The “City and County of Swansea” local government region is bounded to the north by Carmarthenshire and to the east by Neath Port Talbot. Swansea is surrounded to the south by Swansea Bay and the Bristol Channel.
The local government area spans 378 square kilometers (146 square miles), or around 2% of Wales’ total area. It has a lot of open space as well as a core urban and suburban belt.
Swansea is broadly split into four geographical zones. The Lliw uplands, which are mostly open moorland and approach the slopes of the Black Mountain, lie to the north. The Gower Peninsula, with its pastoral environment scattered with little communities, lies to the west. The coastal strip of Swansea Bay is to the east. The urban and suburban zone stretches from Swansea city centre to the towns of Gorseinon and Pontarddulais, cutting across the middle from south-east to north-west.
Morriston, Sketty, and the city center are the most inhabited areas in Swansea. The main urbanised area extends from the city centre to the north, south, and west; along the coast of Swansea Bay to Mumbles; up the Swansea Valley past Landore and Morriston to Clydach; over Townhill to Cwmbwrla, Penlan, Treboeth, and Forestfach; through Uplands, Sketty, and Killay to Dunvant; and east of the river from St. Thomas to Bonymaen, Llansam A second urbanised region is centered on the triangle formed by Gowerton, Gorseinon, and Loughor, as well as the satellite villages of Penllergaer and Pontarddulais.
Swansea is surrounded by water on three sides: the Loughor Estuary, Swansea Bay, and the Bristol Channel. The Tawe, which runs through the city center, and the Loughor, which flows along the northern boundary with Carmarthenshire, are the two major rivers in the area.
The geology of the local authority region is complex, giving various sceneries. The Gower Peninsula was the first in the UK to be declared as an Area of Outstanding Natural Beauty (AONB). The whole Gower Peninsula is an AONB, with the exception of the urbanized region in the south-eastern corner. Swansea includes a number of urban and rural parklands. The area has been recognized on a regular basis in the Wales in Bloom awards.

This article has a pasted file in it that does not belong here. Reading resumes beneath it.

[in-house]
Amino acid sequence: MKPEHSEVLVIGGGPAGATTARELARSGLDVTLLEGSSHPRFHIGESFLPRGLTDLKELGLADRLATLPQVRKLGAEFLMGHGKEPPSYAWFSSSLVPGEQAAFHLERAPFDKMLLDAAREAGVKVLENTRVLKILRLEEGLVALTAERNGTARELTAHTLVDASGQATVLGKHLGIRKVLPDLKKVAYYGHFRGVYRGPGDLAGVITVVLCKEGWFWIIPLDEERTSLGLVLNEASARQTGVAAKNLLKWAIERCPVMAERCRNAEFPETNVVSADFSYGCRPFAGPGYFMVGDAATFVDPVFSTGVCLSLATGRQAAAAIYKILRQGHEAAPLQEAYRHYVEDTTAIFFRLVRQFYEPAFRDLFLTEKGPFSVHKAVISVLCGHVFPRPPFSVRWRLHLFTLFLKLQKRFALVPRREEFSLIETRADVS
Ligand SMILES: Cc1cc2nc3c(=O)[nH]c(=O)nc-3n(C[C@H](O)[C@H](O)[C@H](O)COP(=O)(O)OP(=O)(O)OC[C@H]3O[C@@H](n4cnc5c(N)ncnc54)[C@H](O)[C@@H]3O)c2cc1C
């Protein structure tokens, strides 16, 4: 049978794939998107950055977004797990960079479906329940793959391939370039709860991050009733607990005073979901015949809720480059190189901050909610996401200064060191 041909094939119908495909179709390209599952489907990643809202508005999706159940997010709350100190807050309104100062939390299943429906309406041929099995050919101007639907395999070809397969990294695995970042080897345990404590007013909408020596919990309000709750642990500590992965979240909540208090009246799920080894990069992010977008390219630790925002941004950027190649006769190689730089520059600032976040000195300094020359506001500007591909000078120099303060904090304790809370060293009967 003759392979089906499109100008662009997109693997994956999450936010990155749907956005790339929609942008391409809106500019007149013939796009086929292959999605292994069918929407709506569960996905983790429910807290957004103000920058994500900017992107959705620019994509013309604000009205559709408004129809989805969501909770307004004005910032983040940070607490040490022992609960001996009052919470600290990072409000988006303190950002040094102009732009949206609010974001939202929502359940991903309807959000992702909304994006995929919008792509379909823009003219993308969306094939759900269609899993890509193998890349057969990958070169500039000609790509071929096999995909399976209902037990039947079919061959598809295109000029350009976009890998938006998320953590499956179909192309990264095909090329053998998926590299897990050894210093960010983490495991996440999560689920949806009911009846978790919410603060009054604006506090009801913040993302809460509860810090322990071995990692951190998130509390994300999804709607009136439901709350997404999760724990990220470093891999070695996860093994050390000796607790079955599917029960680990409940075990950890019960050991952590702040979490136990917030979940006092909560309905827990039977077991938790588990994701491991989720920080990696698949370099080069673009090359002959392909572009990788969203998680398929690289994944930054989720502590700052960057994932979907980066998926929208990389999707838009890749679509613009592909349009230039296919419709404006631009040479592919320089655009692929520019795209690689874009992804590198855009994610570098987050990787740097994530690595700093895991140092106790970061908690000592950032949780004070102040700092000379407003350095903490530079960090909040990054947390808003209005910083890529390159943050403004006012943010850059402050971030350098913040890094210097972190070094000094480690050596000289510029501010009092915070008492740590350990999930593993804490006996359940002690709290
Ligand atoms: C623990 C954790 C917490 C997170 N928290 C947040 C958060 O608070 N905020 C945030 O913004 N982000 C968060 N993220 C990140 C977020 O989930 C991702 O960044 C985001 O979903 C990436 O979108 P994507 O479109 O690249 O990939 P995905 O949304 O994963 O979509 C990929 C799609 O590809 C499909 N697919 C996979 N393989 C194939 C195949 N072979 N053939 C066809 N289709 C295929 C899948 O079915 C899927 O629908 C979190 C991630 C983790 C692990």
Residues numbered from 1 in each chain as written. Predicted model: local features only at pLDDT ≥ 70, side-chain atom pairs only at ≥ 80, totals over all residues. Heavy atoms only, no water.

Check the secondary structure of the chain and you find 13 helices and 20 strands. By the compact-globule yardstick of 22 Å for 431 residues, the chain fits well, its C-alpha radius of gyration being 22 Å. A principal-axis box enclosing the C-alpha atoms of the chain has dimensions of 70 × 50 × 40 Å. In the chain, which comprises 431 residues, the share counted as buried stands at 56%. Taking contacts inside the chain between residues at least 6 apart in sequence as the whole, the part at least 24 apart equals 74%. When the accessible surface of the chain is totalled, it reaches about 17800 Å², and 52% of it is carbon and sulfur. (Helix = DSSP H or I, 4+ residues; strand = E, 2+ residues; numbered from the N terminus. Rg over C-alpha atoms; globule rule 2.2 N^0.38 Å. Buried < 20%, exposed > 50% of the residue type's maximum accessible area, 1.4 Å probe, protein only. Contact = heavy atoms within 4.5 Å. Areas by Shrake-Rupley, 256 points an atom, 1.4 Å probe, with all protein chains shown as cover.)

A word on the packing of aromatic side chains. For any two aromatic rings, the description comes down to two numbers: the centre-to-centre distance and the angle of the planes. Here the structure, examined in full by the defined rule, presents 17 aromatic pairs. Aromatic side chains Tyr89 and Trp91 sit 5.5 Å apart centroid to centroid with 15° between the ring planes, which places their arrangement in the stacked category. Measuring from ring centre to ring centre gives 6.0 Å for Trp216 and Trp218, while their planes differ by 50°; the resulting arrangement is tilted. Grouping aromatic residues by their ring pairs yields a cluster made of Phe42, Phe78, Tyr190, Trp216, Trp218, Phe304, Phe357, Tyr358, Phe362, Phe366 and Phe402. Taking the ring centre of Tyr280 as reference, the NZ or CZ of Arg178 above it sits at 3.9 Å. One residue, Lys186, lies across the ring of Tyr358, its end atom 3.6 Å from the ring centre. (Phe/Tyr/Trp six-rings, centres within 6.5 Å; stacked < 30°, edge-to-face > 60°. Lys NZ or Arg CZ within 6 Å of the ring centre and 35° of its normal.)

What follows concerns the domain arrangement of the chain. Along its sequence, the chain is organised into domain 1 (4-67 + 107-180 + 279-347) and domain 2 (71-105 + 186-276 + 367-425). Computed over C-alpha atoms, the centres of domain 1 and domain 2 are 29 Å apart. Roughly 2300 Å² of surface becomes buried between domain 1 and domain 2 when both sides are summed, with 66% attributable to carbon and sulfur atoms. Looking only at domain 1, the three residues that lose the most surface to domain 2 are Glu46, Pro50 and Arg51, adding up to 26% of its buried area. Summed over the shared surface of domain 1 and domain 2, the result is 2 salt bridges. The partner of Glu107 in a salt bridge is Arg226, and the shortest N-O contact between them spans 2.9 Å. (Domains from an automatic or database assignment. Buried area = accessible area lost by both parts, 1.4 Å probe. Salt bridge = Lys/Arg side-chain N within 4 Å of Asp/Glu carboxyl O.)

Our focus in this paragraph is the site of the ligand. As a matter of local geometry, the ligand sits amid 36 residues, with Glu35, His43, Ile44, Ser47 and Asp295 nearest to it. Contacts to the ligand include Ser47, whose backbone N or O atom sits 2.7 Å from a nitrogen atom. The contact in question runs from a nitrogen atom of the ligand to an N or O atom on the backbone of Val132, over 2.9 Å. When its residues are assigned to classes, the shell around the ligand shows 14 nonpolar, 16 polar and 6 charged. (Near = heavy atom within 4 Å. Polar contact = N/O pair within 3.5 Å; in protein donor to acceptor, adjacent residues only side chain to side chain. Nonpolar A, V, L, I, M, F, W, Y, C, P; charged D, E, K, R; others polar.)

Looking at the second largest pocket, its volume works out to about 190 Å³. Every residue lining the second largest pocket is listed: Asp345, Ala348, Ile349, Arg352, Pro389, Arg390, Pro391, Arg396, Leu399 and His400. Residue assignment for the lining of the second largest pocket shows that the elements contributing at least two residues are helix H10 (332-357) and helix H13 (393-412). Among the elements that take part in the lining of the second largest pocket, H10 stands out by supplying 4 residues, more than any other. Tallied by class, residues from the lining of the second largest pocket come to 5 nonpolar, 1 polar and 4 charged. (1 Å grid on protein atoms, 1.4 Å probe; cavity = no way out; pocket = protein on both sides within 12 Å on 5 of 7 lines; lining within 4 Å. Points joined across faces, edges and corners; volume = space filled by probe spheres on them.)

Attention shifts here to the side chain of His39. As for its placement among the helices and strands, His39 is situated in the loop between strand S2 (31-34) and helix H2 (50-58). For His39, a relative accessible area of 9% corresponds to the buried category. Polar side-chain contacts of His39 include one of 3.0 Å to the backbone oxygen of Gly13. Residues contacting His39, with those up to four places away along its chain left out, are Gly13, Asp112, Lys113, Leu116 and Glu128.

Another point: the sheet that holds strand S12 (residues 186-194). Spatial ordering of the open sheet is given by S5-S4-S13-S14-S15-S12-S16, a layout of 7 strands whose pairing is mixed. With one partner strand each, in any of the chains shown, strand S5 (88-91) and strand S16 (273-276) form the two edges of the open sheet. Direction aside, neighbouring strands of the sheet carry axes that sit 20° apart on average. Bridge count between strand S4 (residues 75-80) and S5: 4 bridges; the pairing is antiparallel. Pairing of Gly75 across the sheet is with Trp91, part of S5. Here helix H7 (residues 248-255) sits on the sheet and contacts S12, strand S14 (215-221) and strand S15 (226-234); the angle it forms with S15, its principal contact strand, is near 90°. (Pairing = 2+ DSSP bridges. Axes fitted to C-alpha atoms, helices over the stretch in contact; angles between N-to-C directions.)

The Gower Peninsula’s geology varies from Carboniferous Limestone cliffs along its southern border from Mumbles to Worm’s Head to the salt marshes and dune systems of the Loughor estuary to the north. The peninsula’s eastern, southern, and western shores are bordered with several sandy beaches, both large and tiny, separated by sheer cliffs. In the Swansea region, the South Wales Coalfield approaches the shore. This had a significant impact on the growth of Swansea and other surrounding communities such as Morriston. Large swaths of grassland are widespread in the inland region, which is overshadowed by sandstone heath hills like as the notable Cefn Bryn. The typical agricultural environment is characterized by a patchwork of fields with fences, stone-faced banks, and hedgerows. Valleys stretch across the peninsula, with dense deciduous forest.
Much of the local authority’s territory is hilly, with the majority of the upland being in the council ward of Mawr. High ground ranging up to 185 metres (607 ft) ranges over the central area, forming the hills of Kilvey, Townhill, and Llwynmawr, separating Swansea’s center from its northern suburbs. The backbone of the Gower Peninsula is Cefn Bryn, a ridge of high terrain. Rhossili Down, Hardings Down, and Llanmadoc Hill are land features that may reach heights of 193 metres (633 feet). Penlle’r Castell, on the northern boundary of Carmarthenshire, has the highest peak at 374 metres (1,227 ft).